TBC Corporation and Ace American Insurance v. Gregory Stephens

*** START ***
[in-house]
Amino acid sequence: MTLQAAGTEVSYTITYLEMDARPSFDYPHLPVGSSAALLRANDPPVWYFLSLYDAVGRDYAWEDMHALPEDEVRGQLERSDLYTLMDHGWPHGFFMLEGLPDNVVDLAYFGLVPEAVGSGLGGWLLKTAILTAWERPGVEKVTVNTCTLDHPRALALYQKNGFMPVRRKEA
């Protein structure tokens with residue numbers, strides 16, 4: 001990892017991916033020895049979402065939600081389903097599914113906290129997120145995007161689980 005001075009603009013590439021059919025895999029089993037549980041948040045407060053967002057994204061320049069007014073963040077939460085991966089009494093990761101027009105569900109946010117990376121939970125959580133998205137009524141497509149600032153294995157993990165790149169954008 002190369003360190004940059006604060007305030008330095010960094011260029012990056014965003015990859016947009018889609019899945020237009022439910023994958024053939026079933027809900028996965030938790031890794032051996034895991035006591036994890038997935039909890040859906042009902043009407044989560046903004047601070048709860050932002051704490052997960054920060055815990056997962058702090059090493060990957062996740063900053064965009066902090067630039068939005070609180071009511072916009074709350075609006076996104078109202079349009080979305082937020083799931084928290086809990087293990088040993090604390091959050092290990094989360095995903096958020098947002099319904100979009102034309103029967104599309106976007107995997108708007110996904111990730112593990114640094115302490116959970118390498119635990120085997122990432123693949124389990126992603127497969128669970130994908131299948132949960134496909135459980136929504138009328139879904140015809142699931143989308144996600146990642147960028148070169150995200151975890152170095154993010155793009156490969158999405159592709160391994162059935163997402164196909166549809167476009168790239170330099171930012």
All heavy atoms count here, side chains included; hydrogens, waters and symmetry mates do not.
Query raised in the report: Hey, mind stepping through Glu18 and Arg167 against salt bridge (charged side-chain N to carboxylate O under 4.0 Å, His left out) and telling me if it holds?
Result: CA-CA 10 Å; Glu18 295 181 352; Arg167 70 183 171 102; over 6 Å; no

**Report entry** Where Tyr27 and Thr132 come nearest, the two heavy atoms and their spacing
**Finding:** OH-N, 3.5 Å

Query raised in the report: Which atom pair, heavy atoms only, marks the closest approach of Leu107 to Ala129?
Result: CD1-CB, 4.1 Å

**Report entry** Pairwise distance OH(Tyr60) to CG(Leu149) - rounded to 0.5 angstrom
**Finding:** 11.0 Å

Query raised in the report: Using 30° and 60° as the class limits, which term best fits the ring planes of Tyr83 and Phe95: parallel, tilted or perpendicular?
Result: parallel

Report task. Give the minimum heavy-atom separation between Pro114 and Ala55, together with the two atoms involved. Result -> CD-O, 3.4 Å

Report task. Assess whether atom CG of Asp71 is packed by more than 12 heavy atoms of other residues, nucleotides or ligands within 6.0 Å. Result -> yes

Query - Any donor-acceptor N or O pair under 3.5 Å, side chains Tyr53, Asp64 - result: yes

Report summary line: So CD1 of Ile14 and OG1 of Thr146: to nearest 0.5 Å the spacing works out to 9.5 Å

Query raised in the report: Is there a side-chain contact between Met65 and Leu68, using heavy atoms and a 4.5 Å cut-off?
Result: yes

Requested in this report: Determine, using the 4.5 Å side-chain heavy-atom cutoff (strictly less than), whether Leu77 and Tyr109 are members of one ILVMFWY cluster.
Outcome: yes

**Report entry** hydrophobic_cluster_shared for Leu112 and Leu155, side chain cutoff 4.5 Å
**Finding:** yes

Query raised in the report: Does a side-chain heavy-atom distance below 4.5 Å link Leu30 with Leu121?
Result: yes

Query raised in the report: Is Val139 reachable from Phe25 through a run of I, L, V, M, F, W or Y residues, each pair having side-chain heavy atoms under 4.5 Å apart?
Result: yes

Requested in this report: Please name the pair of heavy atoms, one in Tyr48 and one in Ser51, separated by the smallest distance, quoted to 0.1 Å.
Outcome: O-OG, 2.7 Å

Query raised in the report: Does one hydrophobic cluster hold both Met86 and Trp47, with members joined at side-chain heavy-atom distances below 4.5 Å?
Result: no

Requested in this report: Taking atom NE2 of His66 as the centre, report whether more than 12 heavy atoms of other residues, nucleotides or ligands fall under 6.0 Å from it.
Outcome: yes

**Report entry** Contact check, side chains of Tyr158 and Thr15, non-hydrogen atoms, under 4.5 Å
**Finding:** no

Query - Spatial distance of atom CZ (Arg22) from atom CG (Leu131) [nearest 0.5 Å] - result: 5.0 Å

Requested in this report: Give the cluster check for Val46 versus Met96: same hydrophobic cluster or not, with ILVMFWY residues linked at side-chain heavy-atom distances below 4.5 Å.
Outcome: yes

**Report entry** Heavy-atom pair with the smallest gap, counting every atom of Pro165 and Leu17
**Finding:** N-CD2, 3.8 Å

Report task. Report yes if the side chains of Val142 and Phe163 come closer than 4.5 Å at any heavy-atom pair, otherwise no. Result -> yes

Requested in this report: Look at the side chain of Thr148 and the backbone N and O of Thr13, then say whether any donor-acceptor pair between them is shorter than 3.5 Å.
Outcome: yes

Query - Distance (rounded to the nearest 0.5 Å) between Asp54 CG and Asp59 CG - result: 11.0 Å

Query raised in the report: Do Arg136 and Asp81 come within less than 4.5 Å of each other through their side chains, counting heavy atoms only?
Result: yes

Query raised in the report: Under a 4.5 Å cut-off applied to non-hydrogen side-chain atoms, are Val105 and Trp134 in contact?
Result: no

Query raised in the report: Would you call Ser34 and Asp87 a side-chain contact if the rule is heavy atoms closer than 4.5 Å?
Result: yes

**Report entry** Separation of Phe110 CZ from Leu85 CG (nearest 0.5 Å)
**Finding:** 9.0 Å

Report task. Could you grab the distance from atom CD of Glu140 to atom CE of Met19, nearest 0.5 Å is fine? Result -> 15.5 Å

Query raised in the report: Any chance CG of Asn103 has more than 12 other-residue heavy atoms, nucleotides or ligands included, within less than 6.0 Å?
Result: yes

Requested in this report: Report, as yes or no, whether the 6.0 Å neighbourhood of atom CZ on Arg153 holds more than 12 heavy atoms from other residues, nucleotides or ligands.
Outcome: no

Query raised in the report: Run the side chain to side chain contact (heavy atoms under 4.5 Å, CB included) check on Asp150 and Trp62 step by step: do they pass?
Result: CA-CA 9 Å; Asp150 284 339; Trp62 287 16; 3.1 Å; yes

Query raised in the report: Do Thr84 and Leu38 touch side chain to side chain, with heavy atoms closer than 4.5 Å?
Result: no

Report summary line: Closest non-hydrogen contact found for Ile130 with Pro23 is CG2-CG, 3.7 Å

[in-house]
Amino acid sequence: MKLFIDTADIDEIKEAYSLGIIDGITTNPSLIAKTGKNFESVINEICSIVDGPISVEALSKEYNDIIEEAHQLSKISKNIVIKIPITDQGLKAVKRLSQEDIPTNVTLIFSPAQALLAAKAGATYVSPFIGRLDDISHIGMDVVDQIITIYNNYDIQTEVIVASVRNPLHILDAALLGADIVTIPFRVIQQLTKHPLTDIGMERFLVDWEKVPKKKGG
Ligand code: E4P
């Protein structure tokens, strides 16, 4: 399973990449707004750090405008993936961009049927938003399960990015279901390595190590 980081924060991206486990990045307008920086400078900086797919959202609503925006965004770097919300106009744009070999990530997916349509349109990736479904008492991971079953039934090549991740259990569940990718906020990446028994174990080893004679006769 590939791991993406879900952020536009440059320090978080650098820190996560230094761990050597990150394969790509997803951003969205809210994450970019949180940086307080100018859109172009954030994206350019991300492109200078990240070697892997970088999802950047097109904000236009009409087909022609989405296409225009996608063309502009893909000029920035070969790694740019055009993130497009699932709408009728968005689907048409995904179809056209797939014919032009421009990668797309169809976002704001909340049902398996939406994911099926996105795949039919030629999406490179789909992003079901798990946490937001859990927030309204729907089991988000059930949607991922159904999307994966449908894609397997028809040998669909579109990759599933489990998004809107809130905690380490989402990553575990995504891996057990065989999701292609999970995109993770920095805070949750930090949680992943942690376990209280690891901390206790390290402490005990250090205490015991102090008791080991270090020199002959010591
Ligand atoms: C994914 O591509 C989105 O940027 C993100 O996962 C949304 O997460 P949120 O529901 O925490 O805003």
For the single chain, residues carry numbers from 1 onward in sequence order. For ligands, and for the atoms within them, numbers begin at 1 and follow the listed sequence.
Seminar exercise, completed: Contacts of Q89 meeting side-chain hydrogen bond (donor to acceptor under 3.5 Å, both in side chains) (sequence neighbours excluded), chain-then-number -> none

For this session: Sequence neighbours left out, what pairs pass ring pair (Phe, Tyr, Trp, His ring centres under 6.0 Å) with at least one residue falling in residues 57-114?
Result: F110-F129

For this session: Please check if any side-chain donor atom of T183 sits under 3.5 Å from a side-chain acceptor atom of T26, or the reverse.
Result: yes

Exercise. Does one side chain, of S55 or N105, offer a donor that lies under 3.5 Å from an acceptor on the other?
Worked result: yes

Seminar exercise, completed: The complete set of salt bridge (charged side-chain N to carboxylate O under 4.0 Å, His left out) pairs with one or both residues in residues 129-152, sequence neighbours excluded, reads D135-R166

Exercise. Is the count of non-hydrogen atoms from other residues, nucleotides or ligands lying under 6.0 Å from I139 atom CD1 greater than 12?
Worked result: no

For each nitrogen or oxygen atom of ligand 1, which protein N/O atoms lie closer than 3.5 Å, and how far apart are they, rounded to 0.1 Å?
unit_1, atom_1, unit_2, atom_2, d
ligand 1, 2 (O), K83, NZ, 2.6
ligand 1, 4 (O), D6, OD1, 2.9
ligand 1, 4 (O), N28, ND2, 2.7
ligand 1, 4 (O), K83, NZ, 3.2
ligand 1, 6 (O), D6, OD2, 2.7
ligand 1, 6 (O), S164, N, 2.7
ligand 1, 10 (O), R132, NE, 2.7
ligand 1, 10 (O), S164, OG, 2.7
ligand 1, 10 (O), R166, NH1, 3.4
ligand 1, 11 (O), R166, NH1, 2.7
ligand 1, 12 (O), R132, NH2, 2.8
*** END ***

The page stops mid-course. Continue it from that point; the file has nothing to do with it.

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COURT OF APPEALS OF VIRGINIA Present: Chief Judge Felton, Judges Frank and McClanahan Argued at Richmond, Virginia TBC CORPORATION AND ACE AMERICAN INSURANCE v. Record No. 2224-06-2 OPINION BY CHIEF JUDGE WALTER S. FELTON, JR. MAY 1, 2007 GREGORY STEPHENS FROM THE VIRGINIA WORKERS COMPENSATION COMMISSION Scott C. Ford (Brian A. Richardson; McCandlish Holton, PC, on briefs), for appellants. Eric S. Wiener (Curtis Daniel Cannon, on brief), for appellee. TBC Corporation and Ace American Insurance (collectively employer ) appeal a Workers Compensation Commission ( commission ) decision awarding medical benefits to Gregory Stephens ( claimant ) for an ankle injury he sustained on March 11, 2005. Employer argues that the commission erred in finding that claimant sustained a compensable injury arising out of his employment when he fell while discussing work-related matters with his supervisor at his place of employment. Because we conclude that the commission erred in finding that claimant s injury arose out of his employment, we reverse. I. BACKGROUND Well-established principles require us to view the evidence in the record in the light most favorable to the claimant, the prevailing party below. Boys and Girls Club of Virginia v. Marshall, 37 Va. App. 83, 85, 554 S.E.2d 104, 105 (2001). So viewed, the evidence established that claimant, an automobile service technician, sustained an injury to his left ankle when he fell backward, after being touched by a fellow employee while he was talking with his supervisor about work-related matters. During the conversation, claimant crossed his left leg over his right leg and leaned against a counter for support. A co-worker, David Robles ( Robles ), approached him from behind and, while placing his hand on claimant s shoulder, unintentionally made contact with the back of claimant s left knee with his leg. As a result of the contact to his knee, claimant fell backwards to the floor. He immediately felt pain in his left ankle, which was caught under the bottom of the counter. Claimant filed a claim with his employer for workers compensation benefits as a result of his ankle injury. He sought temporary total disability benefits from March 14 through April 4, 2005, and medical benefits for as long as necessary. Employer denied the claim on the grounds that claimant did not describe an injury by accident as defined in the Virginia Workers Compensation Act ( Act ) while in the course and scope of [] employment . . . . Claimant appealed employer s denial of benefits to the commission. Following an evidentiary hearing, a deputy commissioner found that the claimant sustained a sprained ankle that arose out of and in the course of his employment and awarded lifetime medical benefits.1 The deputy commissioner specifically found that there was not substantial horseplay in which [claimant] was engaged and that there has been no allegation of an assault at work. The deputy commissioner granted employer s request for reconsideration to address its defense that claimant s injury was caused by a friendly greeting and that claimant s injury, therefore, did not arise out of his employment. On reconsideration, the deputy commissioner determined that the incident was not a friendly greeting, and affirmed its earlier decision that the incident could not be classified as horseplay or assault. The deputy commissioner concluded that claimant s injury occurred when he was touched unexpectedly by a fellow employee and 1 The deputy commissioner denied temporary total disability compensation benefits, finding the evidence insufficient to support that claim. Claimant did not appeal that decision. -2- again found that claimant s injury occurred while he was in the course of his employment discussing automobile parts with his supervisor. On review before the full commission, employer argued that claimant failed to prove that a work related hazard caused his injury. Claimant argued that the deputy commissioner s ultimate factual determination is consistent with a finding that the injury resulted from a unilateral act of horseplay, thereby entitling him to benefits. (Emphasis added). The full commission affirmed the deputy commissioner s decision that impliedly found that the fellow employee s contact with claimant s knee was accidental, not intentional and, that [a]s the act was not intentional, and the claimant was discussing work-related matters when the accidental touching occurred, . . . [claimant] proved that the injury arose out of the employment. This appeal followed. II. ANALYSIS The sole issue on appeal is whether claimant s injury arose out of his employment. Under the Act, claimant must prove that he suffered an injury by accident arising out of and in the course of the employment. Virginia Employment Commission/Commonwealth v. Hale, 43 Va. App. 379, 384, 598 S.E.2d 327, 329 (2005) (quoting Code ยง 65.2-101). Arising out of and in the course of are separate and distinct requirements. Bassett-Walker, Inc. v. Wyatt, 26 Va. App. 87, 92, 493 S.E.2d 384, 387 (1997) (en banc). Claimant must prove by a preponderance of the evidence that he has satisfied each requirement. Id. The phrase in the course of refers to the time, place and circumstances under which the accident occurred. County of Chesterfield v. Johnson, 237 Va. 180, 183, 376 S.E.2d 73, 74 (1989). Neither party disputes that claimant sustained an injury in the course of his employment. The phrase arising out of refers to the origin or cause of the injury. Johnson, 237 Va. at 183, 376 S.E.2d at 74. To determine whether the cause of the injury is work-related, we apply -3- the actual risk test, meaning that the employment must expose the employee to the particular danger causing the injury notwithstanding the public exposure to similar risks. Combs v. Virginia Electric & Power Co., 259 Va. 503, 510, 525 S.E.2d 278, 282 (2000) (citing Lucas v. Lucas, 212 Va. 561, 563, 186 S.E.2d 63, 64 (1972)). Thus, the actual risk test excludes an injury which cannot fairly be traced to the employment as a contributing proximate cause and which comes from a hazard to which the workmen would have been equally exposed apart from employment. 2 Id. at 509, 525 S.E.2d at 282. Whether an employee s work-related injury arises out of his employment involves a mixed question of law and fact, which we review de novo on appeal. Blaustein v. Mitre Corp., 36 Va. App. 344, 348, 550 S.E.2d 336, 338 (2001). The characterization of an injury as resulting from an accident, assault, horseplay, friendly greeting, or goosing, without more, does not prove that an injury arose out of the employment. Combs, 259 Va. at 509, 525 S.E.2d at 282 (citing In Re Employers Liab. Assur. Corp., Ltd., 102 N.E. 697, 697 (Mass. 1913)). Claimant must prove that the injury was the result of an actual risk of the employment. See Butler v. Southern States Coop., Inc., 270 Va. 459, 466, 620 S.E.2d 768, 772-73 (2005) (non-compensable injury resulting when an assault on employee was personal and not directed against her as an employee or because of her employment); Farmer s Mfg. Co. v. Warfel, 144 Va. 98, 100, 131 S.E. 240, 240 (1926) (compensable injury where assault stemmed from argument between co-workers about the performance of work-related duties); Dublin Garment Co. v. Jones, 2 Va. App. 165, 168, 342 S.E.2d 638, 639 (1986) (compensable injury resulting from the unilateral act of a co-worker upon a non-participating claimant where lengthy overtime work session was determined to be motivation for co-worker s conduct); Richmond Newspapers, Inc. v. Hazelwood, 249 Va. 369, 2 Virginia has expressly rejected the positional risk test used in other jurisdictions where simply being injured at work is sufficient to establish compensability. Butler v. Southern States Coop., Inc., 270 Va. 459, 465, 620 S.E.2d 768, 772 (2005). -4- 375, 457 S.E.2d 56, 59 (1995) (psychological condition resulting from repeated goosing not compensable as goosing was of a personal nature and not directed against claimant as an employee or in furtherance of employer s business). An injury that results from an accidental or unintentional touching by a fellow employee, without proof that the injury resulted from an actual risk of the employment, does not arise out of the workplace. See Combs, 259 Va. at 509, 525 S.E.2d at 282 (citing In Re Employers Liab. Assur. Corp., Ltd., 102 N.E. at 697). In all proceedings before the commission, claimant argued that his fellow employee, Robles, intentionally caused him to fall backwards and to injure his ankle, which was caught under the counter as he fell. He specifically argued to the full commission that the deputy commissioner s ultimate factual determination [was] consistent with a finding that the injury resulted from a unilateral act of horseplay. He made no argument to the commission that the design of the counter was a unique risk of the workplace. On review by the full commission, claimant relied solely on his unilateral act of horseplay argument despite the deputy commissioner s finding that there was not substantial horseplay and that [n]othing in the testimony of either witness gives me cause for a finding of either horseplay or assault . . . . While the commission found that claimant s injury resulted from his ankle being caught under the counter as he fell backwards, the record contains no finding by it that the design of the counter was a risk peculiar to the workplace, nor did claimant request that it do so. For the first time on appeal to this Court, claimant argues that his injury resulted from a condition of the workplace, the design of the counter. He argues, had [claimant s] foot not been caught under the edge of the counter, his ankle would not have been exposed to the unusual position and force that caused the injury and that the general public is not exposed to the risk of getting a foot caught under the edge of the counter where claimant worked. In his written statements to the commission opposing employer s request for review, claimant did not argue -5- that his injury was compensable because it resulted from a condition of the workplace. In failing to present that theory to the commission, claimant denied the commission the opportunity to determine whether the counter was an actual risk of his employment. Claimant is now barred from arguing an alternate theory for the first time to this Court on appeal. Southwest Architectural Products, Inc. v. Smith, 4 Va. App. 474, 478, 358 S.E.2d 745, 747 (1987) ( Although Rule 5A:21 allows an appellee to raise additional issues on brief, it does not dispense with the requirement of Rule 5A:18 that only those issues properly preserved for appellate review will be considered. ); Boys and Girls Club of Virginia, 37 Va. App. at 85 n.1, 554 S.E.2d at 105 n.1 ( [I]ssues which were not properly preserved before the commission cannot be raised on appeal. (citing Overhead Door. Co. of Norfolk v. Lewis, 29 Va. App. 52, 62, 509 S.E.2d 535, 539 (1987))). Claimant also requests that we apply the right result, wrong reason rationale to affirm the commission s award of benefits in this case. We decline to do so. An appellate court may not affirm a decision of the commission where, because the [commission] has rejected the right reason or confined its decision to a specific ground, further factual resolution is needed before the right reason may be assigned to support the [commission s] decision. Harris v. Commonwealth, 39 Va. App. 670, 676, 576 S.E.2d 228, 231 (2003) (quoting Driscoll v. Commonwealth, 14 Va. App. 449, 452, 417 S.E.2d 312, 313 (1992)). Concluding that the commission reached the right result in this case would require additional fact-finding by the commission to determine whether the design of the counter posed a risk unique to claimant s workplace. III. CONCLUSION We conclude that the commission erred in finding that claimant s injury arose out of his employment. It found that the injury did not result from an intentional act by claimant s -6- co-worker or any type of horseplay, and it made no finding that claimant s injury following the accidental touching by a co-worker arose out of a condition peculiar to the workplace. It simply found that, because claimant was injured when he fell after being accidentally touched by a fellow employee while discussing work-related business, the injury was compensable. The record supports a finding that claimant s injury occurred in the course of his employment, but fails to support the commission s finding that the claimant proved his injury resulted from an actual risk arising out of his employment. We, therefore, reverse the commission s award of medical benefits to claimant. Reversed. -7-